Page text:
Colloquia/Fall18

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Mathematics Colloquium

All colloquia are on Fridays at 4:00 pm in Van Vleck B239, unless otherwise indicated.

Spring 2015

date speaker title host(s)
January 12 (special time: 3PM) Botong Wang (Notre Dame) Cohomology jump loci of algebraic varieties Maxim
January 14 (special time: 11AM) Jayadev Athreya (UIUC) Counting points for random (and not-so-random) geometric structures Ellenberg
January 15 (special time: 3PM) Chi Li (Stony Brook) On Kahler-Einstein metrics and K-stability Sean Paul
January 21 Jun Kitagawa (Toronto) Regularity theory for generated Jacobian equations: from optimal transport to geometric optics Feldman
January 23 Tentatively reserved for possible interview
January 30 Tentatively reserved for possible interview
February 6 Morris Hirsch (UC Berkeley and UW Madison) Fixed points of Lie group actions Stovall
February 13 Mihai Putinar (UC Santa Barbara, Newcastle University) Quillen’s property of real algebraic varieties Budišić
February 20 David Zureick-Brown (Emory University) Diophantine and tropical geometry Ellenberg
February 27 Allan Greenleaf (University of Rochester) TBA Seeger
March 6 Larry Guth (MIT) TBA Stovall
March 13 Cameron Gordon (UT-Austin) TBA Maxim
March 20 Murad Banaji (University of Portsmouth) TBA Craciun
March 27 Kent Orr (Indiana University at Bloomigton) TBA Maxim
April 3 University holiday
April 10 Jasmine Foo (University of Minnesota) TBA Roch, WIMAW
April 17 Kay Kirkpatrick (University of Illinois-Urbana Champaign) TBA Stovall
April 24 Marianna Csornyei (University of Chicago) TBA Seeger, Stovall
May 1 Bianca Viray (University of Washington) TBA Erman
May 8 Marcus Roper (UCLA) TBA Roch

Abstracts

January 12: Botong Wang

Cohomology jump loci of algebraic varieties

In the moduli spaces of vector bundles (or local systems), cohomology jump loci are the algebraic sets where certain cohomology group has prescribed dimension. We will discuss some arithmetic and deformation theoretic aspects of cohomology jump loci. If time permits, we will also talk about some applications in algebraic statistics.

January 14: Jayadev Athreya

Counting points for random (and not-so-random) geometric structures

We describe a philosophy of how certain counting problems can be studied by methods of probability theory and dynamics on appropriate moduli spaces. We focus on two particular cases:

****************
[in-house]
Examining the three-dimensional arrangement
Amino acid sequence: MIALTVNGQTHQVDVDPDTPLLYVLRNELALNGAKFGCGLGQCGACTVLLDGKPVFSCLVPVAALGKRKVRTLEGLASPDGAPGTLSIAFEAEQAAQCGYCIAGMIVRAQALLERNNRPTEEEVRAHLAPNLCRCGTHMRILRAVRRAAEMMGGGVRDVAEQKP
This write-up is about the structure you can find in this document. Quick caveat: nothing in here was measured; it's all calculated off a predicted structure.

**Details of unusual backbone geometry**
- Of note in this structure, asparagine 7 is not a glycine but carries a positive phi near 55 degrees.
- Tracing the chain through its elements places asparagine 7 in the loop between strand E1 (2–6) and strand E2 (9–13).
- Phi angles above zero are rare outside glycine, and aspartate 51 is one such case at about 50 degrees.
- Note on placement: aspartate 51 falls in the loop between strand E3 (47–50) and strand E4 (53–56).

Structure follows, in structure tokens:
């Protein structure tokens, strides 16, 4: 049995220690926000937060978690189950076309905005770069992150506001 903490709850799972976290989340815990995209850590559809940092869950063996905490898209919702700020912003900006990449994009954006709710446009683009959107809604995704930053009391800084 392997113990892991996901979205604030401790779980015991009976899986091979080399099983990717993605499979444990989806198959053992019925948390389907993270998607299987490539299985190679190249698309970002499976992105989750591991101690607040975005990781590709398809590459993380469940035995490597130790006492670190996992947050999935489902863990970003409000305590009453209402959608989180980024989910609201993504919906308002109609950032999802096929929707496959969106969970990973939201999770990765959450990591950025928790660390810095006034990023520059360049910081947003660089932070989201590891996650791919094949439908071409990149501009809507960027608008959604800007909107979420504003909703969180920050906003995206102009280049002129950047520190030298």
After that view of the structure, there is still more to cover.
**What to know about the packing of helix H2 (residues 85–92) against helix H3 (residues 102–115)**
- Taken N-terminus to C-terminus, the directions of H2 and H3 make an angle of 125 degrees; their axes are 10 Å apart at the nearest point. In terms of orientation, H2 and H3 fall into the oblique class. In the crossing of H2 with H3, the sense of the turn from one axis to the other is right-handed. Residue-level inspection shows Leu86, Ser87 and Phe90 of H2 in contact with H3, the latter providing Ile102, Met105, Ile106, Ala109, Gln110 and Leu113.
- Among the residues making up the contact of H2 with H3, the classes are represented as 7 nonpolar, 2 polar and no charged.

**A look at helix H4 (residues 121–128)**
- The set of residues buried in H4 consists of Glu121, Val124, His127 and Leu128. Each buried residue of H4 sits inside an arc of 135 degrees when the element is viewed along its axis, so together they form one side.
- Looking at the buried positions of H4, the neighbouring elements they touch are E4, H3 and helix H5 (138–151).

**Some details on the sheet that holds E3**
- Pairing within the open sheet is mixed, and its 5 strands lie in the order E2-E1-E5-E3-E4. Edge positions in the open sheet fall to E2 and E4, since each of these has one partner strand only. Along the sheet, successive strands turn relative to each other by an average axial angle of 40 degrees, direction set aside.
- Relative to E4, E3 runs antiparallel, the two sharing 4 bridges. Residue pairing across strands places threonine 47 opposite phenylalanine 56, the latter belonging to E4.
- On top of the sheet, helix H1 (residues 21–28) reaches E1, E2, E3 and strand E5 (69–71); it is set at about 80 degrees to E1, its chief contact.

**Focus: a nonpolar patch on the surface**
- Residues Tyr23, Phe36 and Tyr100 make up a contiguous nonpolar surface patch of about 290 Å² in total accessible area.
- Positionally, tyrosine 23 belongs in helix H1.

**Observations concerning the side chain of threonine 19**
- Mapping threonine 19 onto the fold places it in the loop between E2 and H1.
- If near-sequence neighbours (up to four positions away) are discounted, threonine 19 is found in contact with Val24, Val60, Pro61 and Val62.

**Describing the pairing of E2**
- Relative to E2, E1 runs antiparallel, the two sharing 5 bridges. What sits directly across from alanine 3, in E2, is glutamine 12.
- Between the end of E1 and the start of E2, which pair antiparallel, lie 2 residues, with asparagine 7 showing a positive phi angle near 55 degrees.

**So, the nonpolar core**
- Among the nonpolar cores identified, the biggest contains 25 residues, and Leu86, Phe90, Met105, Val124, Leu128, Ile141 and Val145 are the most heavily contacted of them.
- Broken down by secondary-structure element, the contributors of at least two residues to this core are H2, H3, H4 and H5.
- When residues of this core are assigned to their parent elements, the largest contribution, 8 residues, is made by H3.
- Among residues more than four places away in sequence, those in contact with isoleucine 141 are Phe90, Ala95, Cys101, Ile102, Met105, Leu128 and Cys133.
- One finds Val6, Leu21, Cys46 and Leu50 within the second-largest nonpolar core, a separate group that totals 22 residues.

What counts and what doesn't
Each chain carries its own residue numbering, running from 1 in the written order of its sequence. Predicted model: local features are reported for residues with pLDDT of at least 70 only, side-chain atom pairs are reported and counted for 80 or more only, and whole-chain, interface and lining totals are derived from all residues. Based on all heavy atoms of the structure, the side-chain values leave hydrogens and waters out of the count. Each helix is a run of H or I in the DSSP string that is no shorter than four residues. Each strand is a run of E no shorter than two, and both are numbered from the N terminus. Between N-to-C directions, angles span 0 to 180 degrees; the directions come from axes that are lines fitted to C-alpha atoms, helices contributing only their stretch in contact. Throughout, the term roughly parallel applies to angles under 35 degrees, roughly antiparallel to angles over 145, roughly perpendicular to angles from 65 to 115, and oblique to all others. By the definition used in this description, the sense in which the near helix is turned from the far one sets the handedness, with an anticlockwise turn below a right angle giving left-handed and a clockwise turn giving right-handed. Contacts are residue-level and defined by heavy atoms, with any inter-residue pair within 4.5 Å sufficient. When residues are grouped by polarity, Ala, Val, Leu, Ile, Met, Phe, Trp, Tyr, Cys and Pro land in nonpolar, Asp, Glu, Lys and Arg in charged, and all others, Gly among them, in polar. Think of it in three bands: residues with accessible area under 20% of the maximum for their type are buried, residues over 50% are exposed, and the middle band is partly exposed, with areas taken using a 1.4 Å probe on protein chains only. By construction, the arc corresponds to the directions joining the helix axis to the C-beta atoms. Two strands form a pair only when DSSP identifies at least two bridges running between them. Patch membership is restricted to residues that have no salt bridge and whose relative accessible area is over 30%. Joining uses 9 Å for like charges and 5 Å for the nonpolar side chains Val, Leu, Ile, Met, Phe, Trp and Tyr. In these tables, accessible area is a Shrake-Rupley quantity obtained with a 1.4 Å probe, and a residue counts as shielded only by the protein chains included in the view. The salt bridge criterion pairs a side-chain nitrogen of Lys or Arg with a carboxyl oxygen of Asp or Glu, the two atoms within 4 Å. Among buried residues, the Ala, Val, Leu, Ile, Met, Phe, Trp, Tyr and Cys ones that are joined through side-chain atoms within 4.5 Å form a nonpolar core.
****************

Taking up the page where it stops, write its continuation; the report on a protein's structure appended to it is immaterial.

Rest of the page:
(1) Counting for Right-Angled Billiards: understanding the dynamics on and volumes of moduli spaces of meromorphic quadratic differentials yields interesting universality phenomenon for billiards in polygons with interior angles integer multiples of 90 degrees. This is joint work with A. Eskin and A. Zorich

(2) Counting for almost every quadratic form: understanding the geometry of a random lattice allows yields striking diophantine and counting results for typical (in the sense of measure) quadratic (and other) forms. This is joint work with G. A. Margulis.

January 15: Chi Li

On Kahler-Einstein metrics and K-stability

The existence of Kahler-Einstein metrics on Kahler manifolds is a basic problem in complex differential geometry. This problem has connections to other fields: complex algebraic geometry, partial differential equations and several complex variables. I will discuss the existence of Kahler-Einstein metrics on Fano manifolds and its relation to K-stability. I will mainly focus on the analytic part of the theory, discuss how to solve the related complex Monge-Ampere equations and provide concrete examples in both smooth and conical settings. If time permits, I will also say something about the algebraic part of the theory, including the study of K-stability using the Minimal Model Program (joint with Chenyang Xu) and the existence of proper moduli space of smoothable K-polystable Fano varieties (joint with Xiaowei Wang and Chenyang Xu).

January 21: Jun Kitagawa (Toronto)

Regularity theory for generated Jacobian equations: from optimal transport to geometric optics

Equations of Monge-Ampere type arise in numerous contexts, and solutions often exhibit very subtle qualitative and quantitative properties; this is owing to the highly nonlinear nature of the equation, and its degeneracy (in the sense of ellipticity). Motivated by an example from geometric optics, I will talk about the class of Generated Jacobian Equations; recently introduced by Trudinger, this class also encompasses, for example, optimal transport, the Minkowski problem, and the classical Monge-Ampere equation. I will present a new regularity result for weak solutions of these equations, which is new even in the case of equations arising from near-field reflector problems (of interest from a physical and practical point of view). This talk is based on joint works with N. Guillen.

February 12: Mihai Putinar (UC Santa Barbara)

Quillen’s property of real algebraic varieties

A famous observation discovered by Fejer and Riesz a century ago is the quintessential algebraic component of every spectral decomposition result. It asserts that every non-negative polynomial on the unit circle is a hermitian square. About half a century ago, Quillen proved that a positive polynomial on an odd dimensional sphere is a sum of hermitian squares. Fact independently rediscovered much later by D’Angelo and Catlin, respectively Athavale. The main subject of the talk will be: on which real algebraic sub varieties of [math]\mathbb{C}^n[/math] is Quillen theorem valid? An interlace between real algebraic geometry, quantization techniques and complex hermitian geometry will provide an answer to the above question, and more. Based a recent work with Claus Scheiderer and John D’Angelo.

Past Colloquia

Fall 2014

Spring 2014

Fall 2013

Spring 2013

Fall 2012